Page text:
The fact-finder offered recommendations on three of the eight sticking points:
Fair share fees: Fair share fees to be paid by non-union members still represented by the union have been deemed unconstitutional by the U.S. Supreme Court, but the IAFF wants to keep the language in the contract in the event of a reversal of that case. The city wants to eliminate the language, as it has with the AFSCME and IUOE bargaining units.
Wages: The city and IAFF were off on contractual raises in the new three-year CBA, so the fact-finder recommended the union receive an annual 2.5 percent wage increase effective on April 1 2020 and 2021, and the sides reopen wage negotiations in January 2022.
Longevity: The union wants to see an increase in longevity paid to bring the IAFF “into parity with the FOP. The city said it offered increases in 2018. The fact-finder recommended a 0.25 percent step increases in anniversary years 10, 15 and 20 with the city.
For the remaining five issues, the fact-finder recommended maintaining the current contract language:
Holidays: The union wants to add three observed holidays for paid days off, though the city said it’s “not warranted at this time” and the department has the “greatest number of hours paid” related to holiday pay.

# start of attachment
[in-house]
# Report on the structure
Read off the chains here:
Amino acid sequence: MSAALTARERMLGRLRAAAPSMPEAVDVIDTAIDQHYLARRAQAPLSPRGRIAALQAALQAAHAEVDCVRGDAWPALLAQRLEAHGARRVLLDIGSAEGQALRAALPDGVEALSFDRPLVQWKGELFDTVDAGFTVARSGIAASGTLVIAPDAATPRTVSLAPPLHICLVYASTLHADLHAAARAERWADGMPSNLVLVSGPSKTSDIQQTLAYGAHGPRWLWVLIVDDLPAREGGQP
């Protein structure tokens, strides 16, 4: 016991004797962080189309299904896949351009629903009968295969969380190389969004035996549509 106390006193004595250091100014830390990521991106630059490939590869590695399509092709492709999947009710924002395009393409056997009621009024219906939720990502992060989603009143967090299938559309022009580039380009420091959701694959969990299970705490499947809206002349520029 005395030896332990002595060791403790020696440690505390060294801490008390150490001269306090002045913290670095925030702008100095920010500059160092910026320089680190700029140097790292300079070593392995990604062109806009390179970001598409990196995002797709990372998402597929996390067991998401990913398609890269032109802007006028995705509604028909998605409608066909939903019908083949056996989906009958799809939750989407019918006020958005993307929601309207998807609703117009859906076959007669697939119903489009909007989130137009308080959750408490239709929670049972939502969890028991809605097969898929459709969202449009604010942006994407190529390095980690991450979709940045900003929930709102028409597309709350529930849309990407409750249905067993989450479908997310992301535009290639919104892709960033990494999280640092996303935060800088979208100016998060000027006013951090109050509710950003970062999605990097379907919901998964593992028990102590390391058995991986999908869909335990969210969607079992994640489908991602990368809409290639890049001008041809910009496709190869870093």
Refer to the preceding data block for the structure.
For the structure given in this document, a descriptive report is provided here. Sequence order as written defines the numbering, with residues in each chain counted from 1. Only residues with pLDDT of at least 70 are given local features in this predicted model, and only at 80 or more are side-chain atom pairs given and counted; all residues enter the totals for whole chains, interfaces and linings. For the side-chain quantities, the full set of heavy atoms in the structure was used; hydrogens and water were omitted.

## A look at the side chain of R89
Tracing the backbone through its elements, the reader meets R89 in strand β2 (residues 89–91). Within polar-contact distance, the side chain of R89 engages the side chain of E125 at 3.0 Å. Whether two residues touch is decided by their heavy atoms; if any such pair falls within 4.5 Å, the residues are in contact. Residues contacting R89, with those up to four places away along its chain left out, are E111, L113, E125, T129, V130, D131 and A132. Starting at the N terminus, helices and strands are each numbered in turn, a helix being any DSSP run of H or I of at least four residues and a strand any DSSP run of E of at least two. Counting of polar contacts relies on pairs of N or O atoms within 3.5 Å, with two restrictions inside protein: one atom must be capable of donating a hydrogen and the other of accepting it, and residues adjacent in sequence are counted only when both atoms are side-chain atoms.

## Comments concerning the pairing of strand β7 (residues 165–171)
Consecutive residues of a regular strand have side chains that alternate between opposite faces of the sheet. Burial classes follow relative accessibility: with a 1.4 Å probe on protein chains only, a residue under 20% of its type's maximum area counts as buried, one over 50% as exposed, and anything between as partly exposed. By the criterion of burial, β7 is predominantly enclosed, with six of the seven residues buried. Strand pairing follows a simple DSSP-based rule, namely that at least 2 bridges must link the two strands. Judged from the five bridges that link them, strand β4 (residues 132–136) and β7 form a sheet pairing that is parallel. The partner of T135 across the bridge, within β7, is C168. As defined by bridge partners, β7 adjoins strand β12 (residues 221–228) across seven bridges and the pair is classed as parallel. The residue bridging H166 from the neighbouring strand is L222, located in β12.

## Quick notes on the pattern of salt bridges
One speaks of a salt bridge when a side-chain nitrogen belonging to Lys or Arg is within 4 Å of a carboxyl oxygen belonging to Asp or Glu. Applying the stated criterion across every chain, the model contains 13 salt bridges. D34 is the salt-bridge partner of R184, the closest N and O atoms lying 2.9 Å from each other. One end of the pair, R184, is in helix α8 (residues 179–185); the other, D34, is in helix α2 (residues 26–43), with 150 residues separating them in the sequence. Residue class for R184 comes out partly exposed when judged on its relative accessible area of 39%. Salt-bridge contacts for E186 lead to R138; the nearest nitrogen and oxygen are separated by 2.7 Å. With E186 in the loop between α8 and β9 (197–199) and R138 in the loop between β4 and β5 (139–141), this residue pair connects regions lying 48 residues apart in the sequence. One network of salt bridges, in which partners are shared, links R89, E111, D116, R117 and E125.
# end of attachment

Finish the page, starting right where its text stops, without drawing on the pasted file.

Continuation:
Vacation and Leaves of Absence: The city wants to alter how vacation time and leave of absences are accrued for new hires beginning Jan. 1. The city would not change the accrual process for current employees in order to compete with other departments. The union says that creates two classifications of employees which could "erode the cohesion of the bargaining unit.”
Fitness: The union proposed a new fitness benefit, similar to the incentive in the Fraternal Order of Police’s union contract. The city said unlike with the police department, firefighters have the ability to workout while on duty and there is no need for a fitness incentive.
Healthcare: The city is moving its non-union employees to the Butler Health Plan as of Jan. 1, and wants unions to join. The union argues it will lose its input on choosing healthcare coverage. In addition to keeping the current contract language, the fact-finder recommended the sides re-open negotiations in January 2022.